Elkhart Co. teens learn sentences for felony murder

It was a tearful day in court as the three teens convicted of murder in a fatal burglary last October appeared for sentencing.

Blake Layman, 17, received a 55 year sentence with mandated drug treatment and 344 days credit for time served in prison.

Levi Sparks, 18, was sentenced to 50 years, a mitigated sentence because he was not inside the home during the time of the burglary. Sparks also was fined $10,000, which was suspended. He received credit for time served.

Anthony Sharp Jr., 19, was sentenced to 55 years and given a $10,000 suspended fine and 345 days credit for time served, and recommended drug and alcohol treatment.

Layman, Sparks and Sharp were found guilty on Aug. 22 for the death of 21-year-old Danzele Johnson. The teens were among a group of five that broke into a home in the 1900 block of Frances Ave. in Elkhart last Oct. During the course of the break-in the homeowner fired his handgun and killed Johnson. The homeowner was later cleared of any wrongdoing in that fatal shooting.

Under Indiana’s felony murder statute if a person dies during the commission of a felony—in this case burglary. Those involved in perpetrating that crime are responsible for that death. The remaining four teens were charged with felony murder, but only three went to trial in August. The fourth, 17-year-old Jose Quiroz, pleaded guilty for a reduced sentenced in November.

After the week-long trial and less than five hours of deliberation, the jury ultimately found the teens guilty of felony murder.

The families have since expressed their desire to appeal the decision in hopes of either overturned verdicts or a new trial for a lesser charge.

Layman was the first teen called for sentencing. His attorney explained what he felt were “mitigating” circumstances: he worked at Wendy’s, went to alternative school after being expelled from Concord schools for fighting, he was quote an “asset” to his family who had a single bread-winner, his mom, and a younger sister battling cancer.

The defense and the judge in turn weighed those against the aggravating factors in this case. They cited Layman’s frequent use of marijuana and non-prescribed drugs like Xanex and Vicodin, as well as his suspension from high school in the ninth grade for fighting as evidence of bad behavior.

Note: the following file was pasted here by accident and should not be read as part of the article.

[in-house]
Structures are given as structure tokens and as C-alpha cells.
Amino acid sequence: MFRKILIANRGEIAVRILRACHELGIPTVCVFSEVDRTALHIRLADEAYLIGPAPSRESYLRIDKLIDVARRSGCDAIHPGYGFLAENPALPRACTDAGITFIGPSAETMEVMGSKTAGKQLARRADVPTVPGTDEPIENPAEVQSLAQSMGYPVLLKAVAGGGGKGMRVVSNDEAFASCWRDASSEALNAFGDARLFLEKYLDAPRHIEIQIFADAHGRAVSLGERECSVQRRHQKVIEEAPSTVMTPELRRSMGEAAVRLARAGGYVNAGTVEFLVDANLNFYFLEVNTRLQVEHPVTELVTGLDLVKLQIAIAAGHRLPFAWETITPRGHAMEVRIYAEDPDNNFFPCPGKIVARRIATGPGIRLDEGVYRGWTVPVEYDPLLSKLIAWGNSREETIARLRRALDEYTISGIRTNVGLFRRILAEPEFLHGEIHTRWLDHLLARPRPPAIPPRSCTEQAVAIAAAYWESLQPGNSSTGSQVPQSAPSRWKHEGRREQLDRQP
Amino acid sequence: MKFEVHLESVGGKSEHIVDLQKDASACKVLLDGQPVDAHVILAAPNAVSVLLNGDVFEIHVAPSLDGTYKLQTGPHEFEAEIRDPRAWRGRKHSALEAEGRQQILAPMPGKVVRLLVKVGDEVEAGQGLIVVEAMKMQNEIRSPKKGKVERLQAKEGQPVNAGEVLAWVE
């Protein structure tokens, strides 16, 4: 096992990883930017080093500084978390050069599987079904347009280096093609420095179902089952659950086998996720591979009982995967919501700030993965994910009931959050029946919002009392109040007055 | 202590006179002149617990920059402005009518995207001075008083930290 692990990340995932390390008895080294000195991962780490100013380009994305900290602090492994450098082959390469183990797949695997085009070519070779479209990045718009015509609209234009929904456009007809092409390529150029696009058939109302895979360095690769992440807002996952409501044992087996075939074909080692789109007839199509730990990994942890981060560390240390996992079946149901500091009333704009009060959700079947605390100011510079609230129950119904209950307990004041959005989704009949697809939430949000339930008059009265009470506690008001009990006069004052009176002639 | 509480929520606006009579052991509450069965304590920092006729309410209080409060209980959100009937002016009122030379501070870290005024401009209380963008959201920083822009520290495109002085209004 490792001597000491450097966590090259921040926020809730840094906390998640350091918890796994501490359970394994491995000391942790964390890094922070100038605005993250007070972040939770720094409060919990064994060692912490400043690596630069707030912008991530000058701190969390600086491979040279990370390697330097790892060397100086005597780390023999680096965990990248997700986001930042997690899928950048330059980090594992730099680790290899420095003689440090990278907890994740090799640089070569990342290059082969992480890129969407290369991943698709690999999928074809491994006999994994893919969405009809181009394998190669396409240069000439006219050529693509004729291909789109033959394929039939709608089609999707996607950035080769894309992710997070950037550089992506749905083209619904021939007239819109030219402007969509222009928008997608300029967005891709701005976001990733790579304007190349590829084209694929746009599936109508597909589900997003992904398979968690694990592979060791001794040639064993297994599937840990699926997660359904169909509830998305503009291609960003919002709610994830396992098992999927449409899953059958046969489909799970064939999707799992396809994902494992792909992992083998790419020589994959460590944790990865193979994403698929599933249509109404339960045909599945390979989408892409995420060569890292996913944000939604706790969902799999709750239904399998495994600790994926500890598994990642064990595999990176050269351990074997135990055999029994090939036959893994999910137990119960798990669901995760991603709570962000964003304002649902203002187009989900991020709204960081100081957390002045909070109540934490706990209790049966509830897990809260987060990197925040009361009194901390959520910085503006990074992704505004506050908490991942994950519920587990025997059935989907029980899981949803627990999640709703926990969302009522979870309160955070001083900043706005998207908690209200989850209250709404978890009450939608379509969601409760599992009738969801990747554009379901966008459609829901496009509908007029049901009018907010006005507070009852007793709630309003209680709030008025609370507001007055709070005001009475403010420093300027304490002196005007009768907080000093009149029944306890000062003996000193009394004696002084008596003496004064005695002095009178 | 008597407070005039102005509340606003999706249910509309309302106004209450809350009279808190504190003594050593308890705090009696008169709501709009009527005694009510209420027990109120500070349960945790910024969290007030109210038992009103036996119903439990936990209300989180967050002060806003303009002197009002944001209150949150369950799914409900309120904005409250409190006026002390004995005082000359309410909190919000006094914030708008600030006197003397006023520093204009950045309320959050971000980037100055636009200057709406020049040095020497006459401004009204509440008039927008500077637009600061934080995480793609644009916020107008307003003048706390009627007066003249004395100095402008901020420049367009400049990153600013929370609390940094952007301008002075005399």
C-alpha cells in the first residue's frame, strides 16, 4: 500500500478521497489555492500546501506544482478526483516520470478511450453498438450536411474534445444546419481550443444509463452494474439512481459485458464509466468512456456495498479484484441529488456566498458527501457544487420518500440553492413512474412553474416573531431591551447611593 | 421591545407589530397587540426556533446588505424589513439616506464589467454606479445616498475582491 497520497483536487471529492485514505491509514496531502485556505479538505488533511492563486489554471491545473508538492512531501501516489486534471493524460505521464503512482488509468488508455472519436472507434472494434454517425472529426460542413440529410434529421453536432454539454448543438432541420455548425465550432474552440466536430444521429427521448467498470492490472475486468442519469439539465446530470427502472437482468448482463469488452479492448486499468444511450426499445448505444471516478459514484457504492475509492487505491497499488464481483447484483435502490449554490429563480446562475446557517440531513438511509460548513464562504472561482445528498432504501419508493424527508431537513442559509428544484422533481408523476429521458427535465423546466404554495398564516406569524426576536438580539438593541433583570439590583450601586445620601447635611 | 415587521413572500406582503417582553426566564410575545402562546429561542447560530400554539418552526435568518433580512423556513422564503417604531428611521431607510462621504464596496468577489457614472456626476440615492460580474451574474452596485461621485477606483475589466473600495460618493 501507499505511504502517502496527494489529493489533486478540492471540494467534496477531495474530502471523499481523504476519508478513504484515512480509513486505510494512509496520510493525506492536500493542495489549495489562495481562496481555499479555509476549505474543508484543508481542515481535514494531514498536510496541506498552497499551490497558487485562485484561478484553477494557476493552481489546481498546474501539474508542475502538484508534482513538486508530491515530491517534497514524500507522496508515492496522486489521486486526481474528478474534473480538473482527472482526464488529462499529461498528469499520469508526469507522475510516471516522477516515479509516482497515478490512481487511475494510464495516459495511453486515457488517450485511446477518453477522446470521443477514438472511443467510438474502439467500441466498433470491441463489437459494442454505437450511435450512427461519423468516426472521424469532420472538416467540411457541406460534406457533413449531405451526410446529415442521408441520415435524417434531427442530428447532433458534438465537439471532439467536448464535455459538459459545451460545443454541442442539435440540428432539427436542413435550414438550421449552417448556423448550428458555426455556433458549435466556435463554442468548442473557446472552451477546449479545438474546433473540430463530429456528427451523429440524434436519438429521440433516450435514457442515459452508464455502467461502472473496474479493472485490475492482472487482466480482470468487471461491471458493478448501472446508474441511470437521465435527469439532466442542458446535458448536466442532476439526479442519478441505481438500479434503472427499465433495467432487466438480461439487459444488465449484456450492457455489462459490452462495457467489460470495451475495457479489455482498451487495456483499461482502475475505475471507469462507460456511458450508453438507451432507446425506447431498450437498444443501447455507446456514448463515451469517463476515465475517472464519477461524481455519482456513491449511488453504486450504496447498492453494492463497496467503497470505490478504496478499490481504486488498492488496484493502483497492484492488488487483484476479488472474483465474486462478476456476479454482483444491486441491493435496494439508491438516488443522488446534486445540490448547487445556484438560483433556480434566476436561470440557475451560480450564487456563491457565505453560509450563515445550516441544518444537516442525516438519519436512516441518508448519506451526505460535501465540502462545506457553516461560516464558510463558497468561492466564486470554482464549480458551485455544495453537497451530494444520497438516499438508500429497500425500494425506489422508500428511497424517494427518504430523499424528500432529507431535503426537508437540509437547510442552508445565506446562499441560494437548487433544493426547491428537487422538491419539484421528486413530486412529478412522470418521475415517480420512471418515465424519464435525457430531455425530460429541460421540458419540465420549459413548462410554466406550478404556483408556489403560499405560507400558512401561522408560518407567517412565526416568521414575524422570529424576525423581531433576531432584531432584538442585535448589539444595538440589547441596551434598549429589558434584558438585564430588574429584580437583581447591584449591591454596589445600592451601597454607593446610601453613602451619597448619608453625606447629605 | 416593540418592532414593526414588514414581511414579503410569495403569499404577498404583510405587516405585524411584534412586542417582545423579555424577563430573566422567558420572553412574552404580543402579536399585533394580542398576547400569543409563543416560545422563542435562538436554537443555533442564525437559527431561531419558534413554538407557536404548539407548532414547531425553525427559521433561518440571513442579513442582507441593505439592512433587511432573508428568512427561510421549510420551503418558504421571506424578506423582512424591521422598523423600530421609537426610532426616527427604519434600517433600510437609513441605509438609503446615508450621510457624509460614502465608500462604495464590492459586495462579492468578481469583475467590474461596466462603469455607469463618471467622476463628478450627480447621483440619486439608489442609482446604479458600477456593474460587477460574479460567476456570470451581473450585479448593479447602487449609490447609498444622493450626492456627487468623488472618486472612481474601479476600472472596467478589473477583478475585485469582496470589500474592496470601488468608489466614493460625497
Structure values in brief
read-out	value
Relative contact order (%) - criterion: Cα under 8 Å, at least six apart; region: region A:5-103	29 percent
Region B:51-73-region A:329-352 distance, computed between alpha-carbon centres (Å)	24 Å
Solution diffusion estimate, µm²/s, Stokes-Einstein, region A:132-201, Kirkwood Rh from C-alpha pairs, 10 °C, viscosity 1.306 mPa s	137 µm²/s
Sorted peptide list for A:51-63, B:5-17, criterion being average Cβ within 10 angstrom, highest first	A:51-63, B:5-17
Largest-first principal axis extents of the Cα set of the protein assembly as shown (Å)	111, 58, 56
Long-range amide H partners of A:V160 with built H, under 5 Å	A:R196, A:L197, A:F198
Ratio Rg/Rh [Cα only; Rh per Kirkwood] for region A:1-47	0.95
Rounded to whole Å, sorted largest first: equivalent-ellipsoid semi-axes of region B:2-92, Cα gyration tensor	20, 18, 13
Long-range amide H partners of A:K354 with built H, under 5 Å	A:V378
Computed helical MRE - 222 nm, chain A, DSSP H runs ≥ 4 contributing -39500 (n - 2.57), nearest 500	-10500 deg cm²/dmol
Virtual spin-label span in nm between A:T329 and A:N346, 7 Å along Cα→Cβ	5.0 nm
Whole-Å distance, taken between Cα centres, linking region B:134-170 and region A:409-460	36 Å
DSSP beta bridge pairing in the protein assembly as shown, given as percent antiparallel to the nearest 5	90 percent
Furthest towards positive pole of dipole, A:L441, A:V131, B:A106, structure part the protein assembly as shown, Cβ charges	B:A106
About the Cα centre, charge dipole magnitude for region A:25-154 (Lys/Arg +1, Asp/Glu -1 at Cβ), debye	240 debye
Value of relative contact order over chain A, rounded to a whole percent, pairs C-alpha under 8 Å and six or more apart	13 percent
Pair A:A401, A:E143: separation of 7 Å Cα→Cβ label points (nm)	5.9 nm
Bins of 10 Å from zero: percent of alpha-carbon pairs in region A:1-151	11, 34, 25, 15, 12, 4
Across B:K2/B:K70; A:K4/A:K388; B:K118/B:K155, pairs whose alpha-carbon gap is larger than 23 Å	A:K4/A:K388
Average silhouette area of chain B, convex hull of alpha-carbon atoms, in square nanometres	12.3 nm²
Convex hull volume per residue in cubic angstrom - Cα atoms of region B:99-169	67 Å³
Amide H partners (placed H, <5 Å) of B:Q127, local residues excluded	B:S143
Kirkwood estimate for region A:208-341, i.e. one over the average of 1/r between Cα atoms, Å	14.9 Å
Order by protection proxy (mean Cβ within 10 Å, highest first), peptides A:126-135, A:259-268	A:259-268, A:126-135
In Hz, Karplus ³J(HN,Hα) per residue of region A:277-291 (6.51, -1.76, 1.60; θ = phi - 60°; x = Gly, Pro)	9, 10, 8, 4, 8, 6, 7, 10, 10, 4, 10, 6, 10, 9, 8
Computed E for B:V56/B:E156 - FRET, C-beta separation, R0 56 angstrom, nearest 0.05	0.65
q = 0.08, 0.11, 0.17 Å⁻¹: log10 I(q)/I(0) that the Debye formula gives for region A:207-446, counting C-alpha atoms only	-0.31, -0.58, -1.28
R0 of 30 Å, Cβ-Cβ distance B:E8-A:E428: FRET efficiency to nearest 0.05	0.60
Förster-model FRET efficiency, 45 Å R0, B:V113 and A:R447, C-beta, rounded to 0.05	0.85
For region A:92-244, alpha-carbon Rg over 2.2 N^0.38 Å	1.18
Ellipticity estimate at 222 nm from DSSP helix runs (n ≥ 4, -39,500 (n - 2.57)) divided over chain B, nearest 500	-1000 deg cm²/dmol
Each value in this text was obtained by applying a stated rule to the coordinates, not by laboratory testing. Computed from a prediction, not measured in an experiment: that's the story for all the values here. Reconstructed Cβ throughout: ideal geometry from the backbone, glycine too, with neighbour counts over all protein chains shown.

Chief Deputy Prosecutor, Vicki Becker, said there is a solution, “the solution is appreciating other people’s privacy…property…sanctity.” She acknowledged how the Layman family is suffering, but qualified that by saying it is because their child made “decisions to violate basic fundamental principles of right and wrong.”

“We’re here because Blake Layman made a conscious choice,” said the prosecution, “because he was selfish.”

At that point here was an outburst from the audience in the courtroom. This has been an emotional trial all along with dozens of friends and family sitting in the whole time. The judge issued a stern warning that any type of facial expression or outburst will not be tolerated and said he was quote “embarrassed.”

Blake Layman spoke for the first time. He offered an apology for the two victims of the burglary—not just Danzele Johnson, but the homeowner as well. He asked for forgiveness and said he accepts responsibility for his actions.

Considering all the factors, those presented by both sides, Layman’s statement and letters submitted to the court, Judge Shewmaker recognized the apology and one letter in particular that caught his attention.

“Blake needed us to be there for him,” the judge read from the letter, “however we didn’t see his outcry for help. As a family we should’ve been there for Blake to support and guide him and we have failed at this.” Given the circumstances, the facts of the case and case law the judge handed out a 55 year sentence with a $10,000 suspended fine, 344 days recommended drug treatment and credit for time served.

During Anthony Sharp's sentencing, Sharp's lawyer brought up that Sharp had dreams of becoming a marine -- trying to underscore the potential of the teens.

Prosecutor argued: though Sharp is young, he is an adult. He was the only other legal adult involved, Prosecutors pointed out that Danzele Johnson, arrived late and didn't stop the teens in their plans to burglarize the Feances Ave. home.

Sharp said in a statement before his sentencing, "The past 11 months, I've fought and cried myself to sleep because my best friend is dead and the state of Indiana is charging me with a death I didn't commit."

Sharp also apologized to homeowner Rodney Scott, to his family and friends, and to the families of all the other boys involved.

Sharp says he plans to appeal his sentence.

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